Sixty miles west of Boston, Massachusetts there is the small New England town of Sturbridge. Located at the junction of I-90 (The Mass Pike), and I-84 it has become known as the "Crossroads of New England". The town was first settled over 300 years ago, and like other small New England towns it has grown just enough over the years to be in a difficult place today. How do we embrace the future without forgetting how we got to our present? How do we attract the right kind of growth, and maintain who we are? And, what about our culture out here in Central Massachusetts?
These pages will cause one to think about how to protect what we have, our future direction, and how to move on in the very best way.
Those thoughts, and other ramblings, will hopefully inspire more thought, conversation, action, and occasionally a smile...
...seems to be working so far
Monday, December 10, 2007
Get Off the Beaten Path
I like to explore. Being new to Sturbridge a few years back, I felt I had to get to know the area. I didn't want to be just "living in Sturbridge", I needed to really know about it. The hidden trails and roads, the known ones, the secret areas no one frequents, and the well traveled ones that no one notices.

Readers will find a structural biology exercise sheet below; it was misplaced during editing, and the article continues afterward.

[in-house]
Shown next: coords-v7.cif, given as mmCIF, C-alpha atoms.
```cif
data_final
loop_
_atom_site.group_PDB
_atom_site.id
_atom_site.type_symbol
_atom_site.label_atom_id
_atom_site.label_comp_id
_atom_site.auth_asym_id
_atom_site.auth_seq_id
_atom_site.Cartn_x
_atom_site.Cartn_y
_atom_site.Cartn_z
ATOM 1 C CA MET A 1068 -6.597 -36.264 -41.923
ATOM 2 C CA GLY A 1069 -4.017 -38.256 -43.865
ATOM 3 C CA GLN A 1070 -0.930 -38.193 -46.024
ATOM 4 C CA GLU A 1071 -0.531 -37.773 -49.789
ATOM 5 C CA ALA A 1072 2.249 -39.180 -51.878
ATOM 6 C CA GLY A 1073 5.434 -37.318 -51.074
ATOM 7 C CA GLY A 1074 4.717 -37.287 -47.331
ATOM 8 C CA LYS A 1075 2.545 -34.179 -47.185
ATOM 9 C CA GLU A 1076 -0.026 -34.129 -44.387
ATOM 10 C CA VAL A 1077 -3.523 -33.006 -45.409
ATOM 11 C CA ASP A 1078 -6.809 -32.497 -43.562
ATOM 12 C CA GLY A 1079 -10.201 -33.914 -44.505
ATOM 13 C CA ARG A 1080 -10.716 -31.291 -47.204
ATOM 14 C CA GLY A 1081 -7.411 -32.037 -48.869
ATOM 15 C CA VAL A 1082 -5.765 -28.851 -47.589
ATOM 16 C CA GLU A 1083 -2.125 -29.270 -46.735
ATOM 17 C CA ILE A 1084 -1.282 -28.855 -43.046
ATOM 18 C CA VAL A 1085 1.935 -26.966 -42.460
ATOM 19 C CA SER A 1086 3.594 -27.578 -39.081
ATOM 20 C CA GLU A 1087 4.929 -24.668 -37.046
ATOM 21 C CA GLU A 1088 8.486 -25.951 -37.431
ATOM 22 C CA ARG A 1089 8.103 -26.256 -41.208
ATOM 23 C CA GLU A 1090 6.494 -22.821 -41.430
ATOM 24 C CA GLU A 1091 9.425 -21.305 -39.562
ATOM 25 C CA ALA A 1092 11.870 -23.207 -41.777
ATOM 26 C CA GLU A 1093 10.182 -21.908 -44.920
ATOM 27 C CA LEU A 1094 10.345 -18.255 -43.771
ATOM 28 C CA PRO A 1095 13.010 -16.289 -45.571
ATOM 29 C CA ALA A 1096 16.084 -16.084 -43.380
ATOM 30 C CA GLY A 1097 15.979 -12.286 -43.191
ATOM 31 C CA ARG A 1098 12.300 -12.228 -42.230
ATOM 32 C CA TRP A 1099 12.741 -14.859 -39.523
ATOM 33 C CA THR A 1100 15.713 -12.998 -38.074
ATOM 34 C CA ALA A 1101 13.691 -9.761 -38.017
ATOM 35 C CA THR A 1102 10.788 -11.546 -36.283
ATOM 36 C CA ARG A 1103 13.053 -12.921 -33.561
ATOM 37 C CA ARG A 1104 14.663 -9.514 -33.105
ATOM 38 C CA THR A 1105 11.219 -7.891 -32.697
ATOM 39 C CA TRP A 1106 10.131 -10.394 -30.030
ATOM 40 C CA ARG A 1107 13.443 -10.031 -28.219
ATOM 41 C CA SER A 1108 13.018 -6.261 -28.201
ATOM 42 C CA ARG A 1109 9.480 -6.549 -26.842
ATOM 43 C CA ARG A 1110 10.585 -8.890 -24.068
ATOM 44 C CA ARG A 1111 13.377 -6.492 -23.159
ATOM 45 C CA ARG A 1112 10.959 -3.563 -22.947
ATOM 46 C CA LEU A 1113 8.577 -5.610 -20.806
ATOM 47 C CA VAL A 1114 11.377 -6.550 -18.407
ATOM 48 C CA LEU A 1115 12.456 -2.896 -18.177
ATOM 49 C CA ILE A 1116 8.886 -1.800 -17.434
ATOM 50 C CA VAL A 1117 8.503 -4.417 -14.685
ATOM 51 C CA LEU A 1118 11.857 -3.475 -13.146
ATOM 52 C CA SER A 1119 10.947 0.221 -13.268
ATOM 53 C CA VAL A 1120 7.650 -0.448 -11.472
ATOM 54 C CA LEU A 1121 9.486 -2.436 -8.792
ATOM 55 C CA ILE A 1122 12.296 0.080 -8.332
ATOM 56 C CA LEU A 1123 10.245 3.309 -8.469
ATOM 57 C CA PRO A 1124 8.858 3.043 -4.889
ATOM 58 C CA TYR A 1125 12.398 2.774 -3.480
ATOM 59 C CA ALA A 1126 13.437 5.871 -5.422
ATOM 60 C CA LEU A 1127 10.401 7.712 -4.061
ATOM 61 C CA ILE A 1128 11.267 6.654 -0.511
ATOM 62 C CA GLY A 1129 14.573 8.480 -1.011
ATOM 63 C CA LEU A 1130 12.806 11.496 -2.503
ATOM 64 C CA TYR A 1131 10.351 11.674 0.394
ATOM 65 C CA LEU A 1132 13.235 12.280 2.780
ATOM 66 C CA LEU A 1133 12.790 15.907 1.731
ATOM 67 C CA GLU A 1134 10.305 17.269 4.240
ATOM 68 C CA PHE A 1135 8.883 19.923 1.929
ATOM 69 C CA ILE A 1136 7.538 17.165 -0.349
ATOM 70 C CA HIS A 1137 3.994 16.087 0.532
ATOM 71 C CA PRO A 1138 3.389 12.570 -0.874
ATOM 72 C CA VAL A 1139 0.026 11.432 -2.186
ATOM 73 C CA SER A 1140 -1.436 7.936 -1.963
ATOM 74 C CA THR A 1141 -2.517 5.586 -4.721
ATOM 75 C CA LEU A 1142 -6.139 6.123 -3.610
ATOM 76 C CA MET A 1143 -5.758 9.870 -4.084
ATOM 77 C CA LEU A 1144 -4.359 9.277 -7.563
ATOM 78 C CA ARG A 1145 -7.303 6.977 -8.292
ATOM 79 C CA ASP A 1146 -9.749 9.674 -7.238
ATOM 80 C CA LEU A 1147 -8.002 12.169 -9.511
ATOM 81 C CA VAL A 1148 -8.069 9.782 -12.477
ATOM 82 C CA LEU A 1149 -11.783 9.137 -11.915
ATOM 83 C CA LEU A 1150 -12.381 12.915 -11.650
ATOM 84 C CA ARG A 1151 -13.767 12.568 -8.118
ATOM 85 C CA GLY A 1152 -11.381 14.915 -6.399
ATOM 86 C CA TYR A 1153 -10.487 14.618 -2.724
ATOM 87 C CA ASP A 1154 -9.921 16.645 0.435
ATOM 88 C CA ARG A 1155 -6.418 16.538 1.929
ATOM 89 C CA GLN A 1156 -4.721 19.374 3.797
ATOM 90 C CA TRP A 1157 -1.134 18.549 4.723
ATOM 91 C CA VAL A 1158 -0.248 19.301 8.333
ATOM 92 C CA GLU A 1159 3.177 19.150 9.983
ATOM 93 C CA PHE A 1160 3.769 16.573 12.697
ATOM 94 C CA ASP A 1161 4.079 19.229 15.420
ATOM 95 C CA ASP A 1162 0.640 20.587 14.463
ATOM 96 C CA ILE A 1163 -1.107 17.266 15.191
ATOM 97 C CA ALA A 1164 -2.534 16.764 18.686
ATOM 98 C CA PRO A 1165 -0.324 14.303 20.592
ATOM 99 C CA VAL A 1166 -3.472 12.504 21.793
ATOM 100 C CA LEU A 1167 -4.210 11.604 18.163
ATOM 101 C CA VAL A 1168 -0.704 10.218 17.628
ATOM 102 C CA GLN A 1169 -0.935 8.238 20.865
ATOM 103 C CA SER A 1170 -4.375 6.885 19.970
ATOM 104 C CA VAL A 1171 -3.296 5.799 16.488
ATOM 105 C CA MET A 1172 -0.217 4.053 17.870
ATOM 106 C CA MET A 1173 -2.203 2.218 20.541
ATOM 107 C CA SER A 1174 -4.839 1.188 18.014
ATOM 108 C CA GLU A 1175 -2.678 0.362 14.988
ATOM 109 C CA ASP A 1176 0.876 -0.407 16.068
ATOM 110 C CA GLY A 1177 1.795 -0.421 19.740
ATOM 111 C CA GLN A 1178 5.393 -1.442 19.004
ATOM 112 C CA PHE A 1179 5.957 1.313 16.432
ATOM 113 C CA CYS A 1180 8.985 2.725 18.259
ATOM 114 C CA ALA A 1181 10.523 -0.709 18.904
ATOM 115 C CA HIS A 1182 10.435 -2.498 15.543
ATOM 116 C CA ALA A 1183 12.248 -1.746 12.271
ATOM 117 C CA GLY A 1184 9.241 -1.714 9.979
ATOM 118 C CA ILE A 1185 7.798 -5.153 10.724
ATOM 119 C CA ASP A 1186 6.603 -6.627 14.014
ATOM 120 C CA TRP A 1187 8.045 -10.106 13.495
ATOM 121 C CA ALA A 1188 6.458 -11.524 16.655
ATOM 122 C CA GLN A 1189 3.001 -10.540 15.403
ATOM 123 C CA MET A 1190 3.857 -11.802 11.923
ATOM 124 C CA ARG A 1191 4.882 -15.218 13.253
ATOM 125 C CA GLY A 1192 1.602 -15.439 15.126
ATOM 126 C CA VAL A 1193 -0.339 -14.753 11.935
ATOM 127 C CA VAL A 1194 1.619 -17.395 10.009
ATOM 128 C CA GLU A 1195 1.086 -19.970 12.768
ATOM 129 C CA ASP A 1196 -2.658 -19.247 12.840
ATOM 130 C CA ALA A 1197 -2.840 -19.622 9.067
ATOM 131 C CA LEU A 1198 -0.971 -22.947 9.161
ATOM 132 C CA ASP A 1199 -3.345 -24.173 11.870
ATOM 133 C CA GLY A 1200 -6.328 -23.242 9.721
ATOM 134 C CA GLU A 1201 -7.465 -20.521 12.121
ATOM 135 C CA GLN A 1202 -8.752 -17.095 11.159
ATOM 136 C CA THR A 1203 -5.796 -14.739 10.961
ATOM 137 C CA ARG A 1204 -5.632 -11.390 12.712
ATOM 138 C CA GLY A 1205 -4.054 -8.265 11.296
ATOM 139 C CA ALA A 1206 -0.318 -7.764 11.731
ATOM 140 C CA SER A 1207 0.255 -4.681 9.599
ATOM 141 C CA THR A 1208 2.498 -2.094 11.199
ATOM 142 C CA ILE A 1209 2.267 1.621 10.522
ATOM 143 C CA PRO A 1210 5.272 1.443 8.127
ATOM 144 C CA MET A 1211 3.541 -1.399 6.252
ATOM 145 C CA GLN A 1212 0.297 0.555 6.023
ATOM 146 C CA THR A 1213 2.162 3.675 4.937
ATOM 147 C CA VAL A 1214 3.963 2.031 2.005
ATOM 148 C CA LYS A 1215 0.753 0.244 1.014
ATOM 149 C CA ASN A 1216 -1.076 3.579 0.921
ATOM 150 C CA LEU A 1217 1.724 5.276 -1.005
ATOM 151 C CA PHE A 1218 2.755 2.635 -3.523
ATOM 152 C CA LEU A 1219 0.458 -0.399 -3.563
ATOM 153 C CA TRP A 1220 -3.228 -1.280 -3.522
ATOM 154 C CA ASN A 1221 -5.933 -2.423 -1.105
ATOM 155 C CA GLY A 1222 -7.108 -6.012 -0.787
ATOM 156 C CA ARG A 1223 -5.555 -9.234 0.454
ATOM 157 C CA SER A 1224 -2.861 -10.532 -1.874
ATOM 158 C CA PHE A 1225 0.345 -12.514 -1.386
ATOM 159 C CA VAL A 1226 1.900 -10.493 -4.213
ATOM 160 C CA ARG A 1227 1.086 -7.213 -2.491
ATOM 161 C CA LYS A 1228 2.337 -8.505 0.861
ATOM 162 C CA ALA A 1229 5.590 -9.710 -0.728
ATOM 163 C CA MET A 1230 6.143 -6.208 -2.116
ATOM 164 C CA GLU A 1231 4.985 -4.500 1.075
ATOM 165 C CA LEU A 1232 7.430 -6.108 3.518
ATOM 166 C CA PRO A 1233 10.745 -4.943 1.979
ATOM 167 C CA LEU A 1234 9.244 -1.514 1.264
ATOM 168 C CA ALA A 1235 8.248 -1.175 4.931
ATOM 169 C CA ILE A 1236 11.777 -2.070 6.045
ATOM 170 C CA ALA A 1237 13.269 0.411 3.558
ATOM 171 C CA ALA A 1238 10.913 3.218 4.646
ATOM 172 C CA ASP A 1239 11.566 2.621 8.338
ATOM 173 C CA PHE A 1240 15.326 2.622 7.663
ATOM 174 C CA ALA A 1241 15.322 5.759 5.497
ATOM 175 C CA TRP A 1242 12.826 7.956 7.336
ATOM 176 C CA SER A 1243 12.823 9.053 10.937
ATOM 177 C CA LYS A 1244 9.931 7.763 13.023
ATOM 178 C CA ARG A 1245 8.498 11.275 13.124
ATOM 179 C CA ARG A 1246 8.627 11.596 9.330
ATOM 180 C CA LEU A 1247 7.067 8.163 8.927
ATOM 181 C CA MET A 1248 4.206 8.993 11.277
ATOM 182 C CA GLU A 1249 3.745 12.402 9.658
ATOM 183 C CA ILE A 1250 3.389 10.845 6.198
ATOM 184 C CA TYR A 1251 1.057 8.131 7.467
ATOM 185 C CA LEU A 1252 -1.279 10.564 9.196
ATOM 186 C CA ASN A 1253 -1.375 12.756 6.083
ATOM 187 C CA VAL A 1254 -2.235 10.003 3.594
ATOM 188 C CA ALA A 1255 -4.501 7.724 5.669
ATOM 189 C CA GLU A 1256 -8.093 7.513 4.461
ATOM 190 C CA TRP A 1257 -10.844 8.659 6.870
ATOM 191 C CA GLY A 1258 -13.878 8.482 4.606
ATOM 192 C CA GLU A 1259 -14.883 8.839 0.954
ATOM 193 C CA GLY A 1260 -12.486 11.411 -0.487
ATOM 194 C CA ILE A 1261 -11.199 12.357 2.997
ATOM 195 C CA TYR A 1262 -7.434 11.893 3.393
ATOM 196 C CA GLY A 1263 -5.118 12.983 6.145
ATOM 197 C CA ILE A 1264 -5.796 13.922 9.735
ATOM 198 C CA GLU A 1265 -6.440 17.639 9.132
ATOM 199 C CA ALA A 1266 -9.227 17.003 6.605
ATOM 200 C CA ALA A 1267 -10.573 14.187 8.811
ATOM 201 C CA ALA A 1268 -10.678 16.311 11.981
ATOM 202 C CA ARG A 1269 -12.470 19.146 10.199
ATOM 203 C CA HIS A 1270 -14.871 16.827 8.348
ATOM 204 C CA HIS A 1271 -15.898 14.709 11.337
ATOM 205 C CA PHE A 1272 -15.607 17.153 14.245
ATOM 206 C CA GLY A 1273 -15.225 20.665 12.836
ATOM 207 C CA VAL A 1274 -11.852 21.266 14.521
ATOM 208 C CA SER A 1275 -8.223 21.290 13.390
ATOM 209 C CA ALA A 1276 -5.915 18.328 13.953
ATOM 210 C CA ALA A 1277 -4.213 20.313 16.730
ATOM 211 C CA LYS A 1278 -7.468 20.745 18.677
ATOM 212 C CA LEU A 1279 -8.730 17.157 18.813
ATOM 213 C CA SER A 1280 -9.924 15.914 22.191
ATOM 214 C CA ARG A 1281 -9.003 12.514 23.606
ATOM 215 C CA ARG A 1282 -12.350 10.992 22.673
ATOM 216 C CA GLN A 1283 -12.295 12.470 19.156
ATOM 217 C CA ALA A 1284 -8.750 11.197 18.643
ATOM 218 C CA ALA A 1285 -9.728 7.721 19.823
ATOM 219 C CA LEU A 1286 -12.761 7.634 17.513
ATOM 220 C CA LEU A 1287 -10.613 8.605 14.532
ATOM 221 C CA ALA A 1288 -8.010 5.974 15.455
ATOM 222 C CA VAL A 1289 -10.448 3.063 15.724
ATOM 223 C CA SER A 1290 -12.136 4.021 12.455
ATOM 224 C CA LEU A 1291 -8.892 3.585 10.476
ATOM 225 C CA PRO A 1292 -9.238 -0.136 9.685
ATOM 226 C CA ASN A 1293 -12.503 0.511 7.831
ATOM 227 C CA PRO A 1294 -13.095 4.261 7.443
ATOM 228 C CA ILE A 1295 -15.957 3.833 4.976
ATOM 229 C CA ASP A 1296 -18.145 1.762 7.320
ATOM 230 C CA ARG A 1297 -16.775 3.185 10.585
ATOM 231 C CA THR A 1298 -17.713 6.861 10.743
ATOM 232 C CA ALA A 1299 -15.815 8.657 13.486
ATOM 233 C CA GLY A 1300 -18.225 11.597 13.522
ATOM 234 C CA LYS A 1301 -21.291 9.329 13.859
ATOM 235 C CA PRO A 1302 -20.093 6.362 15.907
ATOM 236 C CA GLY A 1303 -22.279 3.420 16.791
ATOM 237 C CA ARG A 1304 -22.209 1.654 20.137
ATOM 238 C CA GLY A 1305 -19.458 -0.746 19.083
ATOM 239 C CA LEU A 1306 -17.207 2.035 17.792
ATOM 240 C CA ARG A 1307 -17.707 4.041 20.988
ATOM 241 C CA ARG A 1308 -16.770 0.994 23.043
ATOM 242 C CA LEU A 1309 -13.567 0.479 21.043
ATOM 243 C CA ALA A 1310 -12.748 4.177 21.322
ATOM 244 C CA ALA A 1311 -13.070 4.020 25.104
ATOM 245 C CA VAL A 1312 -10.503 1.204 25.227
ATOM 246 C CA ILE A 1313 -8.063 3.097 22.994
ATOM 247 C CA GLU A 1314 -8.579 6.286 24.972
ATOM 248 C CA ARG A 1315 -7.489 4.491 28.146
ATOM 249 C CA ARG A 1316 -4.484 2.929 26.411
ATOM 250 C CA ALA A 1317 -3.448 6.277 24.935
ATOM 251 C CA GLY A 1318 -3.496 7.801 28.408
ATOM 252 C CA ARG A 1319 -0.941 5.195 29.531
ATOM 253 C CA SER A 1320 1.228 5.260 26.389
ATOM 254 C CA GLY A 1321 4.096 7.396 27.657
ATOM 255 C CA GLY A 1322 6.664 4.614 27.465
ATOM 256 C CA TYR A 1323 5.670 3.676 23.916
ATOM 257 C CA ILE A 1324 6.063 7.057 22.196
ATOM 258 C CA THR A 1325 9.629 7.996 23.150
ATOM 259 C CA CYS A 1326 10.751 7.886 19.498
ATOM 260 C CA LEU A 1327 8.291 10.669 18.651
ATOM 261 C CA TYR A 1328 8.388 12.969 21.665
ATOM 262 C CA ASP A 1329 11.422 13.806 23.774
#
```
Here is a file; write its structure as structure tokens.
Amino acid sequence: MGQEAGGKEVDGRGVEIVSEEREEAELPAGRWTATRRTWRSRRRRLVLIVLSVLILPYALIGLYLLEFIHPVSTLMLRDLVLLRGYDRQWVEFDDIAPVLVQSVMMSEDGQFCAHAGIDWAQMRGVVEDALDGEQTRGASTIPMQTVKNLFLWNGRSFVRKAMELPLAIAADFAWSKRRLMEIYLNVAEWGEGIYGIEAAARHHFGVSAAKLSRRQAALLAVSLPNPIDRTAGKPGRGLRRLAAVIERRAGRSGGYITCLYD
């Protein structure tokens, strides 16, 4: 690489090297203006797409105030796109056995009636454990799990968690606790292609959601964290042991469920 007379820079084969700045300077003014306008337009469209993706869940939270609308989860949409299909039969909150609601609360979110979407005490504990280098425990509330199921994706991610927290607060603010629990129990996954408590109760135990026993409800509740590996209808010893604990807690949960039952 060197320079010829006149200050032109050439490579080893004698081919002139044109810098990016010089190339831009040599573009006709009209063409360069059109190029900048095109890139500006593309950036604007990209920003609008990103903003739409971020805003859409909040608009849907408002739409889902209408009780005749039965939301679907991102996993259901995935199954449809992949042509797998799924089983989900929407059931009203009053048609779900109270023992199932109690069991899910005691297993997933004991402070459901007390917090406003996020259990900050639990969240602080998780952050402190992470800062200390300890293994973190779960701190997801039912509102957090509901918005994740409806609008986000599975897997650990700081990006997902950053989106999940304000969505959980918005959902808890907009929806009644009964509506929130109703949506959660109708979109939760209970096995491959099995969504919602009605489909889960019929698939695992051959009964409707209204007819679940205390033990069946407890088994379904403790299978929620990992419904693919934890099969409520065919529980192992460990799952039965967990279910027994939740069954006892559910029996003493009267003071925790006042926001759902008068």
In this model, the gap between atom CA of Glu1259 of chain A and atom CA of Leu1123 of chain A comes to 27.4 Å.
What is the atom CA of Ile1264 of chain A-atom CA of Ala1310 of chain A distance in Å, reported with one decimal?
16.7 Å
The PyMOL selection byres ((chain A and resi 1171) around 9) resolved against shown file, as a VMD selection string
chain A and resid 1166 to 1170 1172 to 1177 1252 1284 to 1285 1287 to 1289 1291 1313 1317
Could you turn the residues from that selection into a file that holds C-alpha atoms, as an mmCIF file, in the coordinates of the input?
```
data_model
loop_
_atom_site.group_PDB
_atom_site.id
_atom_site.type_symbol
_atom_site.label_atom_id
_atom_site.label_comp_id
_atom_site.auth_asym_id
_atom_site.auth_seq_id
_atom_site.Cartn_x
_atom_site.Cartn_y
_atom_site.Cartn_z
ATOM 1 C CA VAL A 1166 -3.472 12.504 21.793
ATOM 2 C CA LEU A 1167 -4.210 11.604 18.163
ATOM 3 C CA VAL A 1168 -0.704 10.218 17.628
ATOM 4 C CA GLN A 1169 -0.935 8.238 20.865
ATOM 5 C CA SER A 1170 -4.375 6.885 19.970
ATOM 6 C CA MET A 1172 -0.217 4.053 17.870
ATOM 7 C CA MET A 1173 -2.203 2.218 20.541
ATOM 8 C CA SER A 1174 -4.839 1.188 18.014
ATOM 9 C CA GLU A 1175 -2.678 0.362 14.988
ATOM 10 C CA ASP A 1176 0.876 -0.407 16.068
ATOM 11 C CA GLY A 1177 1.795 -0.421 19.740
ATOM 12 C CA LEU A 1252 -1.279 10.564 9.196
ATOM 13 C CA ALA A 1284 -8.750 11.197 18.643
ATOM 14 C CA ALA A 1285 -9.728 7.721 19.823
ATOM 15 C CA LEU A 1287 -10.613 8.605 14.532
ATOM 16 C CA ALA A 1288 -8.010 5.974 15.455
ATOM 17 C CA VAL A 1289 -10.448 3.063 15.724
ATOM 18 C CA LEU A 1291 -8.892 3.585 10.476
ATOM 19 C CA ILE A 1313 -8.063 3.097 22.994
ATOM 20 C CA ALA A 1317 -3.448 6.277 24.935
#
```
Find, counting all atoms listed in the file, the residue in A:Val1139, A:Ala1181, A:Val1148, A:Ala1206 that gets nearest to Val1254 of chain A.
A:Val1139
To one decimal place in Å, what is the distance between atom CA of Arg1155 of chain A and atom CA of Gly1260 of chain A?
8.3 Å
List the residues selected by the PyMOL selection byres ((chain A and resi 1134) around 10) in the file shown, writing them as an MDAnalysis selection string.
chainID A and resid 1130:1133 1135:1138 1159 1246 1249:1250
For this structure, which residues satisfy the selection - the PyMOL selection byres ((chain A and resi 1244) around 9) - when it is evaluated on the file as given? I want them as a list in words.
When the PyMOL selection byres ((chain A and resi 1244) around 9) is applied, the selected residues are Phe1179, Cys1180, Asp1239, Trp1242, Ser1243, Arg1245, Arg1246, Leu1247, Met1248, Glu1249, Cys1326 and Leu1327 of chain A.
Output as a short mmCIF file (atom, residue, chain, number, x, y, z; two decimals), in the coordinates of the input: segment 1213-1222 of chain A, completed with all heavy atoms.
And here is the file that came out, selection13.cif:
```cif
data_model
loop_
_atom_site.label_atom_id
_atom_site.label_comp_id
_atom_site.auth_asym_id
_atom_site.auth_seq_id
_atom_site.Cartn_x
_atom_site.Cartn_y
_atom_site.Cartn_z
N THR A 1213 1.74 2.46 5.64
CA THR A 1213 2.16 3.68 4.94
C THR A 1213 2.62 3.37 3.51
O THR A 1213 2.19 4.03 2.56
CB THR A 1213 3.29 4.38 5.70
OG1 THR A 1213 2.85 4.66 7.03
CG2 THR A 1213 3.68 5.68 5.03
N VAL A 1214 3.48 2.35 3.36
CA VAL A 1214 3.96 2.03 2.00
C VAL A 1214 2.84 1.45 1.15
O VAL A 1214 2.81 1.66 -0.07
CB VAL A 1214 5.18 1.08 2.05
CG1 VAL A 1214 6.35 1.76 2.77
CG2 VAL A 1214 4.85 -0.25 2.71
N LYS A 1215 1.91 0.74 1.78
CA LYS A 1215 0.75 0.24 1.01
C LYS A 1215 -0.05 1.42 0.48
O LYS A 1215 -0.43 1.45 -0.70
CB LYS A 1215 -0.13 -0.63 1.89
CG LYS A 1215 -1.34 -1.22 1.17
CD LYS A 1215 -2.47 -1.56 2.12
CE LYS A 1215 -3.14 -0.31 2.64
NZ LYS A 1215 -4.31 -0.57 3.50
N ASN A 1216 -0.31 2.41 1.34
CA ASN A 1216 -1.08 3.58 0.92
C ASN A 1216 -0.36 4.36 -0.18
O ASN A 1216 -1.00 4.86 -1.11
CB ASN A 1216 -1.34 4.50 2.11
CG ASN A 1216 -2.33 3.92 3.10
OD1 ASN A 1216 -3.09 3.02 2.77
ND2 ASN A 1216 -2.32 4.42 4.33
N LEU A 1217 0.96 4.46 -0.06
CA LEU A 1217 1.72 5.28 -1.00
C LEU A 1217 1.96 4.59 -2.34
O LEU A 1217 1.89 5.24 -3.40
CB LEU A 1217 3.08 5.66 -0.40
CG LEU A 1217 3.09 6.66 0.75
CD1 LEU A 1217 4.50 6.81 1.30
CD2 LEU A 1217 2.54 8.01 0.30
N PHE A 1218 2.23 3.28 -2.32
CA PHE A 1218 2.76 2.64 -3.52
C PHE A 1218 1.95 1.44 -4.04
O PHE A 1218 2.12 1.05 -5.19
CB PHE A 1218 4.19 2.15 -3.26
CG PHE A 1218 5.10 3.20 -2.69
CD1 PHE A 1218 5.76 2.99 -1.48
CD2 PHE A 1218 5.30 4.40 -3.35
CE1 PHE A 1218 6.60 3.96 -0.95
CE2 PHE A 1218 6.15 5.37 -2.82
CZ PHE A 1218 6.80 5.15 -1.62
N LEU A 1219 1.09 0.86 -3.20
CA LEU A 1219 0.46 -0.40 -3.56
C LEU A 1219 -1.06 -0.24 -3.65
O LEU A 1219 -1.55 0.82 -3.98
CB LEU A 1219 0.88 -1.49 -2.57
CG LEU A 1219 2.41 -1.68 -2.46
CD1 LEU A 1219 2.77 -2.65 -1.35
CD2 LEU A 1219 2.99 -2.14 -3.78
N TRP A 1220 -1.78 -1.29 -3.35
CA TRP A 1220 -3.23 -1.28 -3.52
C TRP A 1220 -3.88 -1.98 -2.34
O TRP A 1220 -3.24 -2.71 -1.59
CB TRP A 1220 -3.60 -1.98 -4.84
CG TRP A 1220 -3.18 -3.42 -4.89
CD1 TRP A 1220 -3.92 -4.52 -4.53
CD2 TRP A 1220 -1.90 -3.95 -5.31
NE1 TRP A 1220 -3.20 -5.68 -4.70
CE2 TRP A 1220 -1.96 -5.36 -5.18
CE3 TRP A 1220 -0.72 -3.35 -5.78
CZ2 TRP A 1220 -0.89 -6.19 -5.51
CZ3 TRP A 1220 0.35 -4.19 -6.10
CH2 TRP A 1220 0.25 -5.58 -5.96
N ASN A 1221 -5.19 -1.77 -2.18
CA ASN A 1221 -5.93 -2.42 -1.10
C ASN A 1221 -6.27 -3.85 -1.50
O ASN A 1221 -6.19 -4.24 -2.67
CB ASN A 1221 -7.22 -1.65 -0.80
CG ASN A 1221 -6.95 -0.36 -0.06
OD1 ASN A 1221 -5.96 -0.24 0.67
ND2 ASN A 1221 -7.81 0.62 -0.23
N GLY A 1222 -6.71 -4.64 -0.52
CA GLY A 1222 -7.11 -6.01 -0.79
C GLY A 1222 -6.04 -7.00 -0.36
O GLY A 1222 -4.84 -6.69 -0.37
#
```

I found a bunch of places that have caused me to stop, think,and smile. I admit, I must have looked weird standing in the woods smiling to myself, but if you know me you would understand, and still think it weird.
Sometime when the weather warms, and the snow is gone, drive over to the Westville Lake area. Park in the lot outside the main gate, and walk across the road on the other side of the lot to another road running beside the river. This road was one of the original roads in the Village of Westville. The village was dismantled and folks moved out back in the early 1960's in order to make room for the dam project by the Army Corp of Engineers.